Those Wacky Voters

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There’s an interesting ballot initiative for South Dakotans in November. It’s called “JAIL for Judges.” The idea is that if you’re involved in a legal proceeding — criminal or civil, as plaintiff or defendant — and you don’t like the outcome, you can sue the judge. That’s right: sue the judge.

You might suspect the trial lawyers are behind this, but you’d be wrong. The man behind it is a conspiracy theorist with a history of legal difficulties and quixotic court cases. He also happens to not be a resident of South Dakota; that was just the easiest (which is to say, the only) place he could get his initiative on the ballot.

He says it’s a question of democratic accountability. Judges, he says, have to be accountable to someone. In this case, that someone would be a special grand jury with rules admittedly designed to favor the plaintiff (that is, the person suing the judge). This neatly overlooks the fact that judges in SD, like in many states, are elected, and therefore already democratically accountable.

One might think this is one of those nutty propositions that show up on ballots from time to time, only to garner about 10% of the vote. One would be wrong. This thing is actually polling as a winner. If it wins, its backer says he has a multi-millionaire who’ll finance efforts to get it on the ballot in other states.

Anyway, I thought I’d blog it and see what people think.

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12 Responses to “Those Wacky Voters”

  1. Michael Lasley Says:

    Does he want to sue juries as well?

  2. juvenal_urbino Says:

    I’m not sure. The radio report I heard did mention that, but it wasn’t clear to me whether that was in the initiative or not.

    It’s probably explained on their website, but I haven’t been able to bring myself to go there.

  3. Michael Lasley Says:

    And doesn’t the appeals process cover the misconduct aspect?

  4. Al Sturgeon Says:

    I suspect this will be one of those cases where the media provides a real service (though I could be wrong). You know, easily-swayed folks sign propagandized petitions at their door and answer slanted survey questions on the phone, but once they learn the cause is led by a nutjob in the local newspapers and tv news, they won’t turn out to vote for it.

    Maybe.

  5. juvenal_urbino Says:

    I dunno, Al. There’s an awful lot of resentment against judges among certain segments of the voting public.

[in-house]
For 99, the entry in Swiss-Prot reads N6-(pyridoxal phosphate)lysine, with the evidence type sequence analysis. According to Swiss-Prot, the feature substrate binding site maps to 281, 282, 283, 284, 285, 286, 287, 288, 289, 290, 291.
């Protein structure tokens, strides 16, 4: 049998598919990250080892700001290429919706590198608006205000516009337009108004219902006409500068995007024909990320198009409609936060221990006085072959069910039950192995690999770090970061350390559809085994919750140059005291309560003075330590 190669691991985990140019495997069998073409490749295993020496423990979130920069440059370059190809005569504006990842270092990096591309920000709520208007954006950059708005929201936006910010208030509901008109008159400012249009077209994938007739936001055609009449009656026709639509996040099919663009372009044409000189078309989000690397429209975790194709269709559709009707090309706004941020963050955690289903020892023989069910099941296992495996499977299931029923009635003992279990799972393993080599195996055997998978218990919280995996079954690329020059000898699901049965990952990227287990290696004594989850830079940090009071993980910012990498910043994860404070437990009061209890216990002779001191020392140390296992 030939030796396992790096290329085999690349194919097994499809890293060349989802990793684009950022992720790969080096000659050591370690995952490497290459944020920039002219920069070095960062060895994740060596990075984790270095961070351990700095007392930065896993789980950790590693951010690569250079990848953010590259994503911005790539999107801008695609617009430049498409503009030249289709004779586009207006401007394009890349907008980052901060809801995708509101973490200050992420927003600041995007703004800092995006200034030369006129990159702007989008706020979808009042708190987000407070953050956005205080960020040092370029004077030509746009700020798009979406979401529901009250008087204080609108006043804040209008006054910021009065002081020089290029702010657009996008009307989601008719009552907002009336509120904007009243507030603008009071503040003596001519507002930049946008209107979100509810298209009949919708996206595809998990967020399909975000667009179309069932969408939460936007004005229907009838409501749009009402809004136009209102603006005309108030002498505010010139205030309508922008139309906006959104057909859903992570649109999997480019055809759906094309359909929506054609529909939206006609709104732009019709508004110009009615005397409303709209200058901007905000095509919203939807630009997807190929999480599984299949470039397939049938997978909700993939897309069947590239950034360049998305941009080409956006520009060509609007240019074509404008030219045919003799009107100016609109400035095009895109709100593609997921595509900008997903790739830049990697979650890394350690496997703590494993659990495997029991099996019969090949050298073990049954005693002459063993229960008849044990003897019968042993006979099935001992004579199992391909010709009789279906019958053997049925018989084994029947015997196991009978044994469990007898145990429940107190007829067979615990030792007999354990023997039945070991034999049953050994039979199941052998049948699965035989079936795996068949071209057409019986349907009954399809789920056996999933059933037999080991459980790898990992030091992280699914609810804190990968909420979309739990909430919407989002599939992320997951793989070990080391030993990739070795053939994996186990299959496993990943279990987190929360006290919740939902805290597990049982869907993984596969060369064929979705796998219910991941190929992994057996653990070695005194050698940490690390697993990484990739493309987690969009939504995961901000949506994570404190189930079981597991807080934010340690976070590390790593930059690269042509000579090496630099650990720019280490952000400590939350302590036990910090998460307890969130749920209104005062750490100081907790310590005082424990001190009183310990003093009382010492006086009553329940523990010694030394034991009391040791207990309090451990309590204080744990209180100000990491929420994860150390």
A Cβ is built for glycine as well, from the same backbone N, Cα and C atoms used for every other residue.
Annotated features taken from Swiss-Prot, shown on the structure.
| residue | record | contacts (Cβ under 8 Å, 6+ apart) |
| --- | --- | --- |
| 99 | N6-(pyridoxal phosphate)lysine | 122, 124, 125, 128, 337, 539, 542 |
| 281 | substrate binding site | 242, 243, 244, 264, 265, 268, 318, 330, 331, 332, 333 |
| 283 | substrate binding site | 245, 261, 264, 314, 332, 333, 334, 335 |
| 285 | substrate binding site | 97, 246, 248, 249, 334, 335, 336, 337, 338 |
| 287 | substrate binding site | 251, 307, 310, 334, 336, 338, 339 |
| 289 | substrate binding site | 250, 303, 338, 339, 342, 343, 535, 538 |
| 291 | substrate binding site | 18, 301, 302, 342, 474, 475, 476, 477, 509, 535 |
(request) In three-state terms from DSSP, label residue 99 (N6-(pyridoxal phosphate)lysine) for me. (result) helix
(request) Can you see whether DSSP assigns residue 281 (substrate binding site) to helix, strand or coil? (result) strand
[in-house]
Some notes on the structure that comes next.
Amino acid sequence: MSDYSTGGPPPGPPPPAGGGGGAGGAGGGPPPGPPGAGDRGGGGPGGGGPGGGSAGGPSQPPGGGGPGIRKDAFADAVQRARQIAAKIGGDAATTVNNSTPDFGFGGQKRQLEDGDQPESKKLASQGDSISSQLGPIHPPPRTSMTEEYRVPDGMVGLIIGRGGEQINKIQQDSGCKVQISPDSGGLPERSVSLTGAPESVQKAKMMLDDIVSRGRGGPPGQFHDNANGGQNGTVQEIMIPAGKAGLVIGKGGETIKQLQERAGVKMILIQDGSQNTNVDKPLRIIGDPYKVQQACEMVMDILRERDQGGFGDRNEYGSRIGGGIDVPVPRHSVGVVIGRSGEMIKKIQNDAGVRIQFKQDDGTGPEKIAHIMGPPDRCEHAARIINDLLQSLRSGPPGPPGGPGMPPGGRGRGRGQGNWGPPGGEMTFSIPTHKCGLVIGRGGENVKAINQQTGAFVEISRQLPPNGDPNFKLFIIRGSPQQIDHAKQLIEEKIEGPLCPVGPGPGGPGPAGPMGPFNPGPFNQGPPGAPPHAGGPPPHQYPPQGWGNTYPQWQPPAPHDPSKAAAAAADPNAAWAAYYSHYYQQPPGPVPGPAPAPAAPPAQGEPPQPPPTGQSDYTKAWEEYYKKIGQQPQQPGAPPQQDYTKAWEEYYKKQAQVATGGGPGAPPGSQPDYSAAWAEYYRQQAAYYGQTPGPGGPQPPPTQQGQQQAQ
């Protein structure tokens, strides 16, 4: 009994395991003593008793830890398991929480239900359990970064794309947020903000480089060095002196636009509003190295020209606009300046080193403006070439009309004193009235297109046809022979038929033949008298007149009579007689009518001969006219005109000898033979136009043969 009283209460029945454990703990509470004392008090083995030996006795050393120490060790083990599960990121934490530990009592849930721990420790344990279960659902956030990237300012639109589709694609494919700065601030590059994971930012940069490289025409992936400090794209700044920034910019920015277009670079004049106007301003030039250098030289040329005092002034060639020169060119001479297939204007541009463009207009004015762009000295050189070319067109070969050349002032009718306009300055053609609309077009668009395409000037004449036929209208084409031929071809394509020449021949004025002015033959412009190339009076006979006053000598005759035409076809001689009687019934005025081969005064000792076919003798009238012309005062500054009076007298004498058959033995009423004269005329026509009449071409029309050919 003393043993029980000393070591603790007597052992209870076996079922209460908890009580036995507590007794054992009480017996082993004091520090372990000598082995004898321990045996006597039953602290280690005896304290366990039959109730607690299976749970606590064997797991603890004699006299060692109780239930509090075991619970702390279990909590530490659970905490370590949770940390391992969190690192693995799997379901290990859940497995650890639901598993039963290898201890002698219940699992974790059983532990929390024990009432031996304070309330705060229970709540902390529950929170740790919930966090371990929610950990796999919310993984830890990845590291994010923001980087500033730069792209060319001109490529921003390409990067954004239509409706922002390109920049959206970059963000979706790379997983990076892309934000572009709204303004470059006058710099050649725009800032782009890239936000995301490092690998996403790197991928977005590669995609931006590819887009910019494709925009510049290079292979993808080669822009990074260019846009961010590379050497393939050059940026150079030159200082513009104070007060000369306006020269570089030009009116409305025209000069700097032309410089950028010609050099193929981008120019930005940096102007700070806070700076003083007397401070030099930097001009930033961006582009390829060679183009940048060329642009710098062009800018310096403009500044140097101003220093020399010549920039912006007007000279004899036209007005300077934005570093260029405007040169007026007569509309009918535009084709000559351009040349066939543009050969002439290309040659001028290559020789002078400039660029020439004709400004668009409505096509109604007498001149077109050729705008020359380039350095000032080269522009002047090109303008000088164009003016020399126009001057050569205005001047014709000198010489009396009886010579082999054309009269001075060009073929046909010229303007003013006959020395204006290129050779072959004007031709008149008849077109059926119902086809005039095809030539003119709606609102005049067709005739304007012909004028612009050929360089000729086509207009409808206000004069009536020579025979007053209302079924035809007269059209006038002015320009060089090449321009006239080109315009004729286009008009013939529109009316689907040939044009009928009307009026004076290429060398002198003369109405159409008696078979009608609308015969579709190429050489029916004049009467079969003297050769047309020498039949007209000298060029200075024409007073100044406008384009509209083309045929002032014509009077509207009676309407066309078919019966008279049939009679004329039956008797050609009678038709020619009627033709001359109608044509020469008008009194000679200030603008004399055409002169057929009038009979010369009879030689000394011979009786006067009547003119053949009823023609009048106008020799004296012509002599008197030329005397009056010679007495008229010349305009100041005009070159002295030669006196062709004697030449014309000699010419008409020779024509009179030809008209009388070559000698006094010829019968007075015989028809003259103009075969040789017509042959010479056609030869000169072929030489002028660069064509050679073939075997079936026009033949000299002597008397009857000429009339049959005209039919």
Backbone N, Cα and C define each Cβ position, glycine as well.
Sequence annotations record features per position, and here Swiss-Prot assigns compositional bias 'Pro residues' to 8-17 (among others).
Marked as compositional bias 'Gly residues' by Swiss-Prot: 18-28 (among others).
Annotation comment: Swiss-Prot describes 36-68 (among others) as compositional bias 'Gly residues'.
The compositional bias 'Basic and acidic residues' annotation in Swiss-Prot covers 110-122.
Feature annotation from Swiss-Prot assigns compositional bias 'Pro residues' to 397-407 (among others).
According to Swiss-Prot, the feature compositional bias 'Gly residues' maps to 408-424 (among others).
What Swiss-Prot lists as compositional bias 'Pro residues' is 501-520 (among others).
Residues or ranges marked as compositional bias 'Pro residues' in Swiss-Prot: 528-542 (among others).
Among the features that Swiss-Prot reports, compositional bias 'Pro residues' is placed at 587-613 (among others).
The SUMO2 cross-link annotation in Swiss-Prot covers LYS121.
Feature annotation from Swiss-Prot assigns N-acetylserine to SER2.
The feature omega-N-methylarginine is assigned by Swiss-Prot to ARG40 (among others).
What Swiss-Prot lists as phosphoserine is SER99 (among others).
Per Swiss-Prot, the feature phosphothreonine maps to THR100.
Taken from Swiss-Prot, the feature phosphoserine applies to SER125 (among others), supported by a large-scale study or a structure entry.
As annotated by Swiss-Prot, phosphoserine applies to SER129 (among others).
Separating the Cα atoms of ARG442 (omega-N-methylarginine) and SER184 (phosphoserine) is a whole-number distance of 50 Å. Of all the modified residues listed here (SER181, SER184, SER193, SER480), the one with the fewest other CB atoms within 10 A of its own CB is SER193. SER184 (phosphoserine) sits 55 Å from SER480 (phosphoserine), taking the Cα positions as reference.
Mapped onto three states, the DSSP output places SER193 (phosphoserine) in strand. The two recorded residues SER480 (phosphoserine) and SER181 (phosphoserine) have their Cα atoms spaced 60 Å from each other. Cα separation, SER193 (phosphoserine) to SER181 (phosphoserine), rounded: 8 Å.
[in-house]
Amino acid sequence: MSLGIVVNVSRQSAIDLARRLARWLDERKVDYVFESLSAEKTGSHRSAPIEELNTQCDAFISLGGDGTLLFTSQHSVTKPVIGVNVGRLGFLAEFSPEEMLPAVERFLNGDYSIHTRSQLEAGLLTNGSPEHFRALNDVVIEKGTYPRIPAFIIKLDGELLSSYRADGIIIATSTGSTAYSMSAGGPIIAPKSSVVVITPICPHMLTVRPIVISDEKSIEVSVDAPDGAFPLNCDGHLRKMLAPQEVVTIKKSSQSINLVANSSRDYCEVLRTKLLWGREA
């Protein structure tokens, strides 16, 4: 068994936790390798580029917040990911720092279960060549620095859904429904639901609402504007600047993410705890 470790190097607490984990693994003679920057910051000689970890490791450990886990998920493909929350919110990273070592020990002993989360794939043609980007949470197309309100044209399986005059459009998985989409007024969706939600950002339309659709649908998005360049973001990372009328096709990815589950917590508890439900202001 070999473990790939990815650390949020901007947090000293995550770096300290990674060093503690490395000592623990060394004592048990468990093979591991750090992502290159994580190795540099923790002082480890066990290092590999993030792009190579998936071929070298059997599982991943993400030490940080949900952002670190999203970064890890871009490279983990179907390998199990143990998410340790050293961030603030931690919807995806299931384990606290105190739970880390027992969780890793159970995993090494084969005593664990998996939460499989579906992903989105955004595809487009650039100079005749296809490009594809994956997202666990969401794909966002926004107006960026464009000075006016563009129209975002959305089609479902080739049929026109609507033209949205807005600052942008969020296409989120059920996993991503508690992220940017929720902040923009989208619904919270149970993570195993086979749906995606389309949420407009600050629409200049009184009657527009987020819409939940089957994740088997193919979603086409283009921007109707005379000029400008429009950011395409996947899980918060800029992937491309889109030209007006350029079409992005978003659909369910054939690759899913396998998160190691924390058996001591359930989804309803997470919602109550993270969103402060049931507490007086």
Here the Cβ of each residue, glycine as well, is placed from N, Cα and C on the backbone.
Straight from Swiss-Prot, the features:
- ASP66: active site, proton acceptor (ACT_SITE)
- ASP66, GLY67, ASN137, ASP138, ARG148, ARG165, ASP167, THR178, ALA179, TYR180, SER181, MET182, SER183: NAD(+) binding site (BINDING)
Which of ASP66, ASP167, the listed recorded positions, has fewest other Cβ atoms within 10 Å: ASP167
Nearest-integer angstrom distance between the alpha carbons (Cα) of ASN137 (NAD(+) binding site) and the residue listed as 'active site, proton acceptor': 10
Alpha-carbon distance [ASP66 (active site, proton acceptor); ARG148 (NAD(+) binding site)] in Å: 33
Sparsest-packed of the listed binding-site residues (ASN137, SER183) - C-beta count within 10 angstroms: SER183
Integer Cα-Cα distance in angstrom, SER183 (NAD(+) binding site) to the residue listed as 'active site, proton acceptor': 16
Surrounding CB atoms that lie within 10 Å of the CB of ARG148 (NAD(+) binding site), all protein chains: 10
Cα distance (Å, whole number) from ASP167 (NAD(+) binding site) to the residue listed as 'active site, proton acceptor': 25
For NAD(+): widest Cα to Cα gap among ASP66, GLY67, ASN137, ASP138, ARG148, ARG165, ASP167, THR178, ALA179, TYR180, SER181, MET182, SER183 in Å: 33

6. juvenal_urbino Says:

    There are several procedures for dealing with judicial misconduct, but they all involve other judges, and judges are who this guy fundamentally does not trust.

  7. Sandi Says:

    What Michael said. There are accountability measures in place for judges. One of them is the appeals process (duh). Another is that each state has a judicial performance commission (or something similar) where you can report judicial misconduct. Now, my understanding is that these often don’t do much, but there is a process. If judges can be sued every time someone doesn’t like the decision they make — which, let’s face it, is at least 50% of the time by definition — that would impair their ability to do their jobs. Bizarre.

  8. Michael Lasley Says:

    Also seems that this would hinder a “fair and impartial” trial, if the judge is worried about which side is going to sue her.

  9. Michael Lasley Says:

    Could the state supreme court rule that this is unconstitutional, if they needed to?

  10. juvenal_urbino Says:

    Presumably they would have jurisdiction, at least, to do that, but I don’t know if they would have grounds. One shudders to think what might be in the SD constitution.

    Also seems that this would hinder a “fair and impartial” trial, if the judge is worried about which side is going to sue her.

    Yup. And if it applies to juries as well, heh, nobody is going to show up for jury duty in SD. And when they don’t, what’s the judge going to do? Fine them? They’ll just sue him/her.

    Besides all that, the whole thing just makes no sense. I mean, okay, so this new superjudicial process is set up to hold judges accountable. Who holds the officials in the supercourt accountable? Do people, including judges, have a right to sue the supercourt?

    It’s an infinite regress.

  11. Terry Austin Says:

    Can I sue Judge Reinhold for being a close talker?

  12. Terry Austin Says:

    And can I sue Jose Reyes for somehow being even more annoying than Li’l Davy Eckstein?

    Or Harold Ford and Bob Corker for somehow being more annoying than cockroaches?

    And when are you people gonna blog about Wal*Mart’s $4 prescription plans?

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